Hi,

Being someone who is now working with C++ but initially started with Java, I am experiencing some problems seperating my classes from the main file.
So I want to seperate the following simple class into it's own standalone C++ file so I can use it with multiple programs:

#include <iostream>
#include <string>

using namespace std;

class signal
{
	private:
		int decAddress;
		string binAddress;
		string data;
	public:
		signal(string *binAddr, string *da, int decAddr)
		{
			binAddress = *binAddr;
			data = *da;
			decAddress = decAddr;
		}

		string getBinAddress()
		{
			return binAddress;
		}
		
		void setAddress(string binAddr)
		{
			binAddress = binAddr;
		}
		
		int getDecAddress()
		{
			return decAddress;
		}
		
		void setDecAddress(int decAddr)
		{
			decAddress = decAddr;
		}
		string getData()
		{
			return data;
		}
		
		void setData(string da)
		{
			data = da;
		}
};

So I also created a header file to go along with it:

#include <string>
#include <iostream>

using namespace std;

class signal
{
	private:
		int decAddress;
		string binAddress;
		string data;
	public:
		signal(string *binAddr, string *da, int decAddr);
		string getBinAddress();
		void setAddress(string binAddr);
		int getDecAddress();
		void setDecAddress(int decAddr);
		string getData();
		void setData(string da);
};

In my main class, I then add the line:

#include <signal.h>

I'm using GCC to compile and run the program, so I first compile the class into an object file and recieve no errors:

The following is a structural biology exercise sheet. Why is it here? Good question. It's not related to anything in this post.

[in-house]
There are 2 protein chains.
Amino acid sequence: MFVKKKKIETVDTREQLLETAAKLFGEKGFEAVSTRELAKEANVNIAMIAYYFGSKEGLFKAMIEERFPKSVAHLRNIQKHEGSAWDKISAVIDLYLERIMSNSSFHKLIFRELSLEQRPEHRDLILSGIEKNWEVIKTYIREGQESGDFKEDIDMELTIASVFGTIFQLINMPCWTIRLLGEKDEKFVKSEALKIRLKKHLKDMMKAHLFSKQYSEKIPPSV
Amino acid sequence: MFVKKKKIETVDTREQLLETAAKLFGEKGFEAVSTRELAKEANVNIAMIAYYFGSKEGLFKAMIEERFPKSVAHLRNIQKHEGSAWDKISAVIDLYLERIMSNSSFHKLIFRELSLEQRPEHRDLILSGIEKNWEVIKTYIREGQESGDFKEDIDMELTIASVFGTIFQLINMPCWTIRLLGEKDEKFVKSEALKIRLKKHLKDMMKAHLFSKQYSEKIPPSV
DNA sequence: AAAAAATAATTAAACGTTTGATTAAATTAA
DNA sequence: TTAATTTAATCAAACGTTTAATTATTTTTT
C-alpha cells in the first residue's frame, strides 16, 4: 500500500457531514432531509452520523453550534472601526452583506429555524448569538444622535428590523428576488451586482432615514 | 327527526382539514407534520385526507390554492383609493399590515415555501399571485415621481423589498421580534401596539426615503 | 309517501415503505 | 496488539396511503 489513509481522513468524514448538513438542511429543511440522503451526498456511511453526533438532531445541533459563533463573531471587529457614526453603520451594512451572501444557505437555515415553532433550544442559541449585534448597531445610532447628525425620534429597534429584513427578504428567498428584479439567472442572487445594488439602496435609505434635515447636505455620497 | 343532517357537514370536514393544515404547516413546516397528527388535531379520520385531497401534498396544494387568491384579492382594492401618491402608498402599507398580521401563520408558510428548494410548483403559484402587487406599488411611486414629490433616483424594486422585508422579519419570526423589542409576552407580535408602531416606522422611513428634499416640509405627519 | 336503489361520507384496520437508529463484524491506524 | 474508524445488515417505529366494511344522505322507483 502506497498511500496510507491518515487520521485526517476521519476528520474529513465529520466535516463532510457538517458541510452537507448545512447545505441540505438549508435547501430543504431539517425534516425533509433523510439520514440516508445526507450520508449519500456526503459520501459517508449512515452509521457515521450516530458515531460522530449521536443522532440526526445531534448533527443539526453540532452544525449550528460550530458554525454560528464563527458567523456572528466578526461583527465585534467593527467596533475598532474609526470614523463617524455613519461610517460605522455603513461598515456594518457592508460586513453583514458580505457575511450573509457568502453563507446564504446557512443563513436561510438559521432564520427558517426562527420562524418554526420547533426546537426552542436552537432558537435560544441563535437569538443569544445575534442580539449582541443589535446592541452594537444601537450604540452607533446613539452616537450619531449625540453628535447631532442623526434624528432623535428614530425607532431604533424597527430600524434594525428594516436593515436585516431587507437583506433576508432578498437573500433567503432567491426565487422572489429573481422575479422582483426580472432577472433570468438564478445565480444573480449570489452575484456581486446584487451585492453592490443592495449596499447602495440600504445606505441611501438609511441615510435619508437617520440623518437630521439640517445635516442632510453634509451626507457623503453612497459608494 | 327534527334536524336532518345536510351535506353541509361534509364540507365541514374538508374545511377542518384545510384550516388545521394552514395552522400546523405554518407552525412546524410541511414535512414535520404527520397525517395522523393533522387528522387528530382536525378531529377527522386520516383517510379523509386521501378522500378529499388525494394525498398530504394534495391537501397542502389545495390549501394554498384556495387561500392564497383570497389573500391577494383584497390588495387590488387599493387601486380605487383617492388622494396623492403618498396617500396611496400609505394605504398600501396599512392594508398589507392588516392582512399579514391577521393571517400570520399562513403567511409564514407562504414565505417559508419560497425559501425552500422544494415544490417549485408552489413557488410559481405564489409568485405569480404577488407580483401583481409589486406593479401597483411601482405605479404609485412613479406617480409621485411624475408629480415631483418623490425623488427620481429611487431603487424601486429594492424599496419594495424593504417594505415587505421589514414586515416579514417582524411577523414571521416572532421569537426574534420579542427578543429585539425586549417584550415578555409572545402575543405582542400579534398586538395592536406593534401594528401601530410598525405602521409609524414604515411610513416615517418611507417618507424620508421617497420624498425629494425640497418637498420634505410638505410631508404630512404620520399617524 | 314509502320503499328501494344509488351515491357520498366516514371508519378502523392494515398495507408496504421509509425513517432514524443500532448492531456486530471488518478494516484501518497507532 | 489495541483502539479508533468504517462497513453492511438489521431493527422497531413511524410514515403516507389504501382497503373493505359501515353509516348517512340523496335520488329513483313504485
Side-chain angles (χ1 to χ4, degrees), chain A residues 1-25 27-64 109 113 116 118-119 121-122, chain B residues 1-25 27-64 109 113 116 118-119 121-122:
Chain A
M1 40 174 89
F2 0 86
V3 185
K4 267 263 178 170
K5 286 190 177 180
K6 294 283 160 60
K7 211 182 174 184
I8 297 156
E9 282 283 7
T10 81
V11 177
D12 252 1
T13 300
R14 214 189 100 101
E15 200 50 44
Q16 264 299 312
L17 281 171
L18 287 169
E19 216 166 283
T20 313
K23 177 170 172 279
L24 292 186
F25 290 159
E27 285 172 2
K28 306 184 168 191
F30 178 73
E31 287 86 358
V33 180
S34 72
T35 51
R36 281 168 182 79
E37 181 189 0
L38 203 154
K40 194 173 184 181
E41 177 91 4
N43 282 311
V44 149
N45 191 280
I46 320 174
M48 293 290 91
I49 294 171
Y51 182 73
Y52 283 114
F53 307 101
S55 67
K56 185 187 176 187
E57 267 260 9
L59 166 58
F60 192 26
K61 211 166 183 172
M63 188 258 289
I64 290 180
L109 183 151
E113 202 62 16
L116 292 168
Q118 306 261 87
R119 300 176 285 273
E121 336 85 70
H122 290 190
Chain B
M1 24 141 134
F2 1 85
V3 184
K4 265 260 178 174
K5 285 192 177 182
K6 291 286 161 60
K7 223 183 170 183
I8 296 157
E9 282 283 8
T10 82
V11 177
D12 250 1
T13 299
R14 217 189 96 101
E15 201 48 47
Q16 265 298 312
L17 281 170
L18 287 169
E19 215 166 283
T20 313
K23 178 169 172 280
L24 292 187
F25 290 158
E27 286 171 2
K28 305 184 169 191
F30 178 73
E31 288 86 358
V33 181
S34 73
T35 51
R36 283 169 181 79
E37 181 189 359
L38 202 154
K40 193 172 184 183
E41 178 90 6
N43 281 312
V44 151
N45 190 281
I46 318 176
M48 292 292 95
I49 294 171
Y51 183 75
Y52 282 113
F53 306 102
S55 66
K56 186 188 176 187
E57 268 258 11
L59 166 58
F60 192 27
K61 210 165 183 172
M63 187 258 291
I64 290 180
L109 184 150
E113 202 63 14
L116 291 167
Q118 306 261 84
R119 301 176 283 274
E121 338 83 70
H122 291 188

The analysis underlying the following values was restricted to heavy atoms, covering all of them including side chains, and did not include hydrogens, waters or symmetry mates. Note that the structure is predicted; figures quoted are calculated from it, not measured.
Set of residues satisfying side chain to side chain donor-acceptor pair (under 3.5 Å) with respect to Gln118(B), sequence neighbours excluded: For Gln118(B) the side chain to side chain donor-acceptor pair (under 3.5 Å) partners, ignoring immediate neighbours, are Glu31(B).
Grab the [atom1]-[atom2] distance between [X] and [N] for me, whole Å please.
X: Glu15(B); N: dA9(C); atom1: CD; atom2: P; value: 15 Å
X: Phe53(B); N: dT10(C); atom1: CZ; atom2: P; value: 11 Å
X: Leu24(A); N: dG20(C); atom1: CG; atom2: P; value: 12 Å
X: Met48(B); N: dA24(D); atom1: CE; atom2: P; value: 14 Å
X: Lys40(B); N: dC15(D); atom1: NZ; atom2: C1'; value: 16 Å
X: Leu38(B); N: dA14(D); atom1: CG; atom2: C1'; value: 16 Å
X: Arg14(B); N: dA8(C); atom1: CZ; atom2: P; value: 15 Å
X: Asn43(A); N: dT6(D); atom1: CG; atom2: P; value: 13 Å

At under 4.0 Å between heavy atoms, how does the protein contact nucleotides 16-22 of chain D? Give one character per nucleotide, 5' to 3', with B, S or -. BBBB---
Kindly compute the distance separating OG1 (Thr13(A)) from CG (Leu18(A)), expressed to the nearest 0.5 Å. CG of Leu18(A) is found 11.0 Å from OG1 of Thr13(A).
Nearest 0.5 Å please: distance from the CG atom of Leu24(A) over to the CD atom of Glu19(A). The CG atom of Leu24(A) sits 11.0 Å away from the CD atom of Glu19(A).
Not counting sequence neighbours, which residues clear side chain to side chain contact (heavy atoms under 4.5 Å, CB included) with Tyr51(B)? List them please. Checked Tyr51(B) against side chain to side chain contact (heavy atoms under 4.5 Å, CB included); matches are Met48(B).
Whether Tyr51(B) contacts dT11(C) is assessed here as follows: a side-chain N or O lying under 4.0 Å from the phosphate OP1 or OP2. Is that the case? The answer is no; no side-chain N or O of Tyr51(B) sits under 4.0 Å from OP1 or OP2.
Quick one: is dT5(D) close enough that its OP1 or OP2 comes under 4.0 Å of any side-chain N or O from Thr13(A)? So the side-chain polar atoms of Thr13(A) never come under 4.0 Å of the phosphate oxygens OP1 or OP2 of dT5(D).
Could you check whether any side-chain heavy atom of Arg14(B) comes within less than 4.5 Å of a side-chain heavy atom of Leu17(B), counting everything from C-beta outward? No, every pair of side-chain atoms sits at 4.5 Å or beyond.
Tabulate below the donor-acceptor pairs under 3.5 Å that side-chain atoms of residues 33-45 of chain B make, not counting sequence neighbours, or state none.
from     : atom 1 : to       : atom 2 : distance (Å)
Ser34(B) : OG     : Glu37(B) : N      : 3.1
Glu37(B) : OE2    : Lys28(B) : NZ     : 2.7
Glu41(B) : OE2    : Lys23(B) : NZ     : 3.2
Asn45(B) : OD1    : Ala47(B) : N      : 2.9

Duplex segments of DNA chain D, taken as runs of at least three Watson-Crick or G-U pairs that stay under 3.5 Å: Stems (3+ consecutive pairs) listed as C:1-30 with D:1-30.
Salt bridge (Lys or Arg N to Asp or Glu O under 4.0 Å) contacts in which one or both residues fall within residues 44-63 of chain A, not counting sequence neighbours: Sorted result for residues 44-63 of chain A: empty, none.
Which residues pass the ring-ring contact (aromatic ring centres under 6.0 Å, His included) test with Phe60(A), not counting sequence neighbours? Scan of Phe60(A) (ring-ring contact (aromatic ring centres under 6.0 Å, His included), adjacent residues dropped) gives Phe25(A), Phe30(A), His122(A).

g++ -c signal.cpp

Then I try to run my program linking the signal class:

g++ main.cpp -o myprogram signal.o

and I'm getting a whole bunch of errors like this:

myprogram.cpp:220: error: ISO C++ forbids declaration of `signal' with no type

Where it basically seems like my class file is still not being recognized. The problem does not have to do with the naming of my file either. Does anyone know what the problem is?

Thanks,

bleh

First, try using

#include "signal.h"

instead of

#include <signal.h>

In your signal.cpp file, don't redeclare the class, just define the functions.

#include <iostream>
#include <string>
#include "signal.h"

using namespace std;

signal::signal(string *binAddr, string *da, int decAddr)
{
   // do stuff
}

string signal::getBinAddress()
{
	return binAddress;
}

void signal::setAddress(string binAddr)
{
	binAddress = binAddr;
}

int signal::getDecAddress()
{
	return decAddress;
}

void signal::setDecAddress(int decAddr)
{
	decAddress = decAddr;
}
string signal::getData()
{
	return data;
}

void signal::setData(string da)
{
	data = da;
}

You may move originally posted class signal declaration to signal.h file as is - no need to create cpp file for the class with only inline member functions - all member functions defined in the class declarations. Now include "signal.h" - that's all.

But there are suspicious parameters in the signal constructor:

signal::signal(string *binAddr, string *da, int decAddr)

Why string* binAddr, string* da... pointers to string? May be, you want

signal::signal(const std::string& binAddr, const std::string& da, int decAddr):
binAddress(binAddr), data(da), decAddress(decAddr)
{}

?

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